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The big risk of GOP vs. Obama immigration battle: A shutdown

There is a storm gathering in Washington, D.C., over President Barack Obama's planned executive action on immigration and it could wind up with another government shutdown on Dec. 12, just in time to crush the holiday season and deliver a fresh blow to the United States economy.

Right now, Republicans are scrambling to try and come up with a plan that would avert such an outcome by crafting a short-term measure that would fund the government past the current Dec. 11 deadline. Even that is a big leap away from the initial Republican plan to pass a yearlong spending bill in the lame duck session to clear the decks for action on other issues such as tax reform in the 114th Congress starting in January when the GOP controls both houses.

And there is absolutely no guarantee that Republicans can come up with something in the short-term that will sate the intense desire in the GOP base to hit back hard at Obama if he, as expected, moves to legalize some 5 million or more currently undocumented immigrants living in the U.S.

Much depends on the timing of White House action.

Speculation so far has centered around this Friday as a possible date for announcement of a big move. But no one in the White House has confirmed that timing. But even if the announcement does not come this week, if it comes before Dec. 11, it will greatly increase the risk of a shutdown.

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Republicans could demand Obama dial back or cancel his order in return for passage of a bill to fund the government. Obama and Democrats could then hold firm and assume Americans will once again blame the GOP for shuttering the federal government, this time in the heart of the holiday season.

The expiring Democratic Senate will not send any measure to the president's desk that would cancel the immigration move so Obama would not have to worry about a veto, at least until the next Congress.

Common sense would suggest Republicans will want nothing to do with this scenario and will thus come up with something that attempts to deny funding to immigration enforcement agencies while funding the rest of the government.

But Democrats may just reject that as well. And the argument that shutdown politics are terrible for the GOP does not hold the kind of weight it once did. Republicans are coming off a giant electoral win in November and believe they have a mandate from voters to fight an unpopular president at every turn.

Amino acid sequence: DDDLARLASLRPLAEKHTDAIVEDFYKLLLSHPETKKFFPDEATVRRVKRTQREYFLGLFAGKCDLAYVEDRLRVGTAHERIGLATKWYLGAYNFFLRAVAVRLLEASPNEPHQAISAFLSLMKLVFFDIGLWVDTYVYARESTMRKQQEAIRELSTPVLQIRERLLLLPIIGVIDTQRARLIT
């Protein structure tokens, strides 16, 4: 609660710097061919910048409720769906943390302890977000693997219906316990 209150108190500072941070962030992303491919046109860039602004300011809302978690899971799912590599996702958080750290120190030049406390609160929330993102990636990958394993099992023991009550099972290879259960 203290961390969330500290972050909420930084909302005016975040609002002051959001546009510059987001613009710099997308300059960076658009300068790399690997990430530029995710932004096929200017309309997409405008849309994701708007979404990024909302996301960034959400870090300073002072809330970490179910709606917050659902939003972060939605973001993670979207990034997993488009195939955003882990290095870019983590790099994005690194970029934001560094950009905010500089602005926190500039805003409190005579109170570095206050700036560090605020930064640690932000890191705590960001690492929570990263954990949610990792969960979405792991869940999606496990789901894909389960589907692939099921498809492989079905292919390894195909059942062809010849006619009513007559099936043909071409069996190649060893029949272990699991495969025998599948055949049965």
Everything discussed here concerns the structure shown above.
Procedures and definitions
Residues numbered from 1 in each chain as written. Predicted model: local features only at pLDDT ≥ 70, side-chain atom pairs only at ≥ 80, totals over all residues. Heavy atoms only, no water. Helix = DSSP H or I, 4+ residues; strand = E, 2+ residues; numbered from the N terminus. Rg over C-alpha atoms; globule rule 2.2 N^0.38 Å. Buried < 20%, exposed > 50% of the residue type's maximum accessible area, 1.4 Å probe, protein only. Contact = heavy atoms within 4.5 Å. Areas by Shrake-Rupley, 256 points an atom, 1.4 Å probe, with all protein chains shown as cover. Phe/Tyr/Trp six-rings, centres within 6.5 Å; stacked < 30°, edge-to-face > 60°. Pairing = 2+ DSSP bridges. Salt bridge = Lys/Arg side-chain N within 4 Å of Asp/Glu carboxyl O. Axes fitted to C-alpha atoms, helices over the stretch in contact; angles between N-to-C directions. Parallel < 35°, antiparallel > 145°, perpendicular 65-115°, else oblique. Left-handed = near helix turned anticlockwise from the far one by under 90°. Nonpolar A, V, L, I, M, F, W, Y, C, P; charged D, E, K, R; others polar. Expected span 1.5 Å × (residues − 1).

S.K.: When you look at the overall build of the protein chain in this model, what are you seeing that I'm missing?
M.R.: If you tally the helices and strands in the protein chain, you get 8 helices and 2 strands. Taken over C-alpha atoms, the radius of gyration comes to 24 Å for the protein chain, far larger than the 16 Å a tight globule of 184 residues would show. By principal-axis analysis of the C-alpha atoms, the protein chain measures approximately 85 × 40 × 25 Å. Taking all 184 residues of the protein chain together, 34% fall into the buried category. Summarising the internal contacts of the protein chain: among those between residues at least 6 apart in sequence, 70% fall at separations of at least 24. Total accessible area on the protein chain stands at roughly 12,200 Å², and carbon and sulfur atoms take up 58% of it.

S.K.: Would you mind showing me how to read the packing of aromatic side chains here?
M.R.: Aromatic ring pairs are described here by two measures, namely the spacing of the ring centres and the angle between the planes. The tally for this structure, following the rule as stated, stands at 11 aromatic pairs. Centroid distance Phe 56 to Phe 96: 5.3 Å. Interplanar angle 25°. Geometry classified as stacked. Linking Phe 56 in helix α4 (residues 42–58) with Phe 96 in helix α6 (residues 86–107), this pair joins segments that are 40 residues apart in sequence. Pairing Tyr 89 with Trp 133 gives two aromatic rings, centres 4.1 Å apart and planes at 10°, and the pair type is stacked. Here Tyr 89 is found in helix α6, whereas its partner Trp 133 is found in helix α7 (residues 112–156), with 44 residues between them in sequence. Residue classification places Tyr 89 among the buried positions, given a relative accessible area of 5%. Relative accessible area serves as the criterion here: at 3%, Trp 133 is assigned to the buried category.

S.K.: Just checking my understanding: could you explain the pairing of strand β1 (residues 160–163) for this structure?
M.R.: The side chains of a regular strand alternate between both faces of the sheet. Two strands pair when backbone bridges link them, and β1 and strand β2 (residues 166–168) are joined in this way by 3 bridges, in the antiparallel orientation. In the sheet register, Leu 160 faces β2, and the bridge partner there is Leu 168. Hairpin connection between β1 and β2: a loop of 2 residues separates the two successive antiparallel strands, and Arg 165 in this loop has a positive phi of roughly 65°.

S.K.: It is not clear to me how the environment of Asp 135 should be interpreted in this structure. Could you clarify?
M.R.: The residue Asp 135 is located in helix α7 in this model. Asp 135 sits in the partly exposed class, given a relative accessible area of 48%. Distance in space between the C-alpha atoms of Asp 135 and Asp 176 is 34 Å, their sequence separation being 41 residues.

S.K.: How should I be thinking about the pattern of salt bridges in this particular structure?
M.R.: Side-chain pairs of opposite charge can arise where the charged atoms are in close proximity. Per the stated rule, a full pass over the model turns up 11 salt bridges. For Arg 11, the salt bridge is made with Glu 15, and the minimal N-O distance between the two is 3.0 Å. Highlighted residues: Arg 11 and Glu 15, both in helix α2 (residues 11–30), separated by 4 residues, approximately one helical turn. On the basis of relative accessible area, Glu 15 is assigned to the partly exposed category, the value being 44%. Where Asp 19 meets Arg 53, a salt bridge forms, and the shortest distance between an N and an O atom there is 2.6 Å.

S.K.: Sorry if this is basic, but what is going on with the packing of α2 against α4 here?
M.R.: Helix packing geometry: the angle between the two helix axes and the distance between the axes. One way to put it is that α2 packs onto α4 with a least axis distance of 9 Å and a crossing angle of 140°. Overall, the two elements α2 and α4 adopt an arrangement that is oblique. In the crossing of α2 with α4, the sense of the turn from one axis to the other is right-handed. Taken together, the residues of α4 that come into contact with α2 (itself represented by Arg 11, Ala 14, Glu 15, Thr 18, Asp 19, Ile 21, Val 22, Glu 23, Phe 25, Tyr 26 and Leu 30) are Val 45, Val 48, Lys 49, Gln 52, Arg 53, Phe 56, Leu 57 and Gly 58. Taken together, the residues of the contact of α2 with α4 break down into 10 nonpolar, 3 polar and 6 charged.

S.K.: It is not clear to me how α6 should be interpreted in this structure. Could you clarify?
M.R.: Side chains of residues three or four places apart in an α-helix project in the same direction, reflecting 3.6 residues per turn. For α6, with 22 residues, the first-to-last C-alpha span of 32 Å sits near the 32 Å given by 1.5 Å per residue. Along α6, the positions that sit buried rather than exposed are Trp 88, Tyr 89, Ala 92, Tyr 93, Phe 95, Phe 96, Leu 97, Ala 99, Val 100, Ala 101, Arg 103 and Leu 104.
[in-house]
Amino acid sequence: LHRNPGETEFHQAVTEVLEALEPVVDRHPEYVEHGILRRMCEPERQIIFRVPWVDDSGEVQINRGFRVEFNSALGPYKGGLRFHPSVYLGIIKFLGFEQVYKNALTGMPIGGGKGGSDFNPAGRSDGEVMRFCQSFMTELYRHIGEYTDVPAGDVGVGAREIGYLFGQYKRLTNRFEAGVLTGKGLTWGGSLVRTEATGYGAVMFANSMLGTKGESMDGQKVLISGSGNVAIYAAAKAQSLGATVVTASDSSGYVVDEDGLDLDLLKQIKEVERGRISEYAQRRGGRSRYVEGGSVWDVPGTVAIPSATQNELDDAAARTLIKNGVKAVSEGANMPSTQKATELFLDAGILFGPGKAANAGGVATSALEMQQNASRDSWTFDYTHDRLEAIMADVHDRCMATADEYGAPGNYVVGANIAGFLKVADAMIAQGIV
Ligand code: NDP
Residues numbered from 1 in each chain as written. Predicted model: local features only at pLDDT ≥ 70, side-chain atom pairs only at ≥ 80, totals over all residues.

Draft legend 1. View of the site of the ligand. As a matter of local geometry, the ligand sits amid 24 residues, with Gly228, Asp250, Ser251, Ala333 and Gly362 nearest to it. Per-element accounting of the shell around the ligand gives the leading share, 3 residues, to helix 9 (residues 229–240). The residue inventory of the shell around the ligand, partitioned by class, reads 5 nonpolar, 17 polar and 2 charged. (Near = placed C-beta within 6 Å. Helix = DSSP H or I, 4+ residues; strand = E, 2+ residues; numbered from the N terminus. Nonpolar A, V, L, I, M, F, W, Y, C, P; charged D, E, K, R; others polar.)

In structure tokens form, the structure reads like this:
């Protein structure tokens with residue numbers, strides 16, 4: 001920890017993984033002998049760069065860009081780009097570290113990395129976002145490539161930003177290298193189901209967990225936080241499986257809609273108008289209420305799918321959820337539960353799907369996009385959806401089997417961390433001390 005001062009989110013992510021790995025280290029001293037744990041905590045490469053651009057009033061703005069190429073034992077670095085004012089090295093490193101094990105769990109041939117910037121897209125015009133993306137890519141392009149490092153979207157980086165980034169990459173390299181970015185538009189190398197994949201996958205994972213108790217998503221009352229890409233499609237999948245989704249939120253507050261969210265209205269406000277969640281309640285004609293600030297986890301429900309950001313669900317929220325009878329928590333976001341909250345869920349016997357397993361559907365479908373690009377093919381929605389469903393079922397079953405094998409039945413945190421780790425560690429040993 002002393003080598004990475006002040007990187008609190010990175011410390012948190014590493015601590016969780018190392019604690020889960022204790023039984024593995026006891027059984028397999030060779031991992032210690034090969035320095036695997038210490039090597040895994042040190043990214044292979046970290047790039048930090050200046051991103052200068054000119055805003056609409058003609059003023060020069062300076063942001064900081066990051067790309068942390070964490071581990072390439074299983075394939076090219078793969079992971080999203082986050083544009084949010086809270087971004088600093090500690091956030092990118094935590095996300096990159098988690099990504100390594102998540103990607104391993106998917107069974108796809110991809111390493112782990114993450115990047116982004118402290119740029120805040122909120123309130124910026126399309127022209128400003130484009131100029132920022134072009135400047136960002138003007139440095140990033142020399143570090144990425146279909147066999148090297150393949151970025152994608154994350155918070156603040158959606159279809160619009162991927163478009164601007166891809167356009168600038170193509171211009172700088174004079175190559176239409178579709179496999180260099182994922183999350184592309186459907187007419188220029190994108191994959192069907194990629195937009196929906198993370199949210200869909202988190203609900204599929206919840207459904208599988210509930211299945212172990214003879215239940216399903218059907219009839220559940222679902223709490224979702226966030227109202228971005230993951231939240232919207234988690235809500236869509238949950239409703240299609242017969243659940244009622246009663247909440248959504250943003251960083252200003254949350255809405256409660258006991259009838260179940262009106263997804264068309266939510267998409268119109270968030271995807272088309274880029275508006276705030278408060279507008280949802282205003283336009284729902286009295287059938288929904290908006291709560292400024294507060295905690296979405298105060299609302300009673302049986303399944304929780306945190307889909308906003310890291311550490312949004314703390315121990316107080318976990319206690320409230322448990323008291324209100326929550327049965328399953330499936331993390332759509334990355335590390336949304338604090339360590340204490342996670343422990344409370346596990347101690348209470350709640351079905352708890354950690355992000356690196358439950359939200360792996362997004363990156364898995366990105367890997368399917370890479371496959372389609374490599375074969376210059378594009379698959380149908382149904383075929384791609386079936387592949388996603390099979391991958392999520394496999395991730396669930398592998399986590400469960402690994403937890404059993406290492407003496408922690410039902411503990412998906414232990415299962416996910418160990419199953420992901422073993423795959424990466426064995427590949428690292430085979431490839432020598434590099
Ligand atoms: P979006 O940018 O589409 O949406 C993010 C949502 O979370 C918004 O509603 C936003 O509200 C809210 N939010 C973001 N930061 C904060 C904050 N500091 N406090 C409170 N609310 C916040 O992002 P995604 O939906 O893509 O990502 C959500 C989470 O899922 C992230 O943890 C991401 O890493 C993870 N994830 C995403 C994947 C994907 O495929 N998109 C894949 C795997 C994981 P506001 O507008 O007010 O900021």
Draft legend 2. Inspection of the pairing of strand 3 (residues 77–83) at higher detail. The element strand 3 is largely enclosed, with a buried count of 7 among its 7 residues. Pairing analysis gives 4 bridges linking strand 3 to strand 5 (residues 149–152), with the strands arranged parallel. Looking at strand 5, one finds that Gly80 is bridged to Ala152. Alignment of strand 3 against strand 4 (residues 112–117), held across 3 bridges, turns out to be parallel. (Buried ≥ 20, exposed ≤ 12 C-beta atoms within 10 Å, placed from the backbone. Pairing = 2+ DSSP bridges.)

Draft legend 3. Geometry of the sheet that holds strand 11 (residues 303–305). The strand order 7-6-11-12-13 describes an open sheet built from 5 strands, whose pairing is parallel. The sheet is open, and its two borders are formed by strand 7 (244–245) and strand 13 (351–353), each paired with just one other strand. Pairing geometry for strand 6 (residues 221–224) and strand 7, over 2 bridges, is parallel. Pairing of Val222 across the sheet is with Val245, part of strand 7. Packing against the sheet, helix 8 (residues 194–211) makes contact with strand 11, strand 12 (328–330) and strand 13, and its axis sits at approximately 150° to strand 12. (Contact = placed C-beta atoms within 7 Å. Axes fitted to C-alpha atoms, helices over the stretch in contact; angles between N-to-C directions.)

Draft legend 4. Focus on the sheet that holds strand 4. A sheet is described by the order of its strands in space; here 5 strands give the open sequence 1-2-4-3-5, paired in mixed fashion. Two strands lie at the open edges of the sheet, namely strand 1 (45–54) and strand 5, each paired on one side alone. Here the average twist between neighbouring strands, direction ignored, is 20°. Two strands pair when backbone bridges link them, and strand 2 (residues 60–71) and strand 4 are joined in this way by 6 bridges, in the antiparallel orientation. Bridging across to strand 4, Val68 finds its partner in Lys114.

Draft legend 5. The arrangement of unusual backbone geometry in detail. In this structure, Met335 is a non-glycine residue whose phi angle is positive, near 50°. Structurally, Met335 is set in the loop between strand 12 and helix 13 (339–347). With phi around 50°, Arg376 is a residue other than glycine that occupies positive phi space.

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Why would newly empowered Republicans want to cave to Obama, especially if he does the one thing that would most outrage their ardent supporters who turned out in November and handed them their largest House majority in generations?

If Obama acts in a sweeping manner, Republicans will have plenty of rhetorical ammunition to suggest the president is acting in an unconstitutional and illegal manner that requires them to use all tools at their disposal to block him. They can even turn the president's words back on him.

Just last year, Obama told Telemundo of efforts to go beyond his legalization of immigrants who came to the U.S. as children: "If we start broadening that, then essentially I'll be ignoring the law in a way that I think would be very difficult to defend legally." In a Google Hangout in February of last year, Obama said of slowing deportations: "This is something that I have struggled with throughout my presidency. The problem is, is that I'm the president of the United States, I'm not the emperor of the United States. My job is to execute laws that are passed."

Those comments will provide powerful rhetorical fodder for Republicans attempting to defend moves to tie government funding to Obama relenting on his immigration actions.

But a shutdown is by no means a certainty. The GOP leadership clearly wants to avoid one and find other means to hammer the president. The White House could decide to hold off on announcing an immigration move until after the lame duck Congress passes a bill funding the government into next year. But even that could just delay a shutdown fight until January or February and keep uncertainty hanging over the economy. And don't forget the debt ceiling will have to be raised in the spring.

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The ideal situation from a markets perspective would be swift passage of a bill in the lame duck to fund the government for the rest of the fiscal year which ends next October. That's not impossible but seems increasingly unlikely. The more likely scenario is a big blow up over immigration that pushes us to the brink of shutdown once more and possible past it.

And the timetable is tight. Congress will likely recess for Thanksgiving at the end of this week and return with just over a week to pass a funding bill. In the interim, Obama could move on immigration. And then the fireworks will begin.

—By Ben White. White is Politico's chief economic correspondent and a CNBC contributor. He also authors the daily tip sheet Politico Morning Money [politico.com/morningmoney]. Follow him on Twitter @morningmoneyben.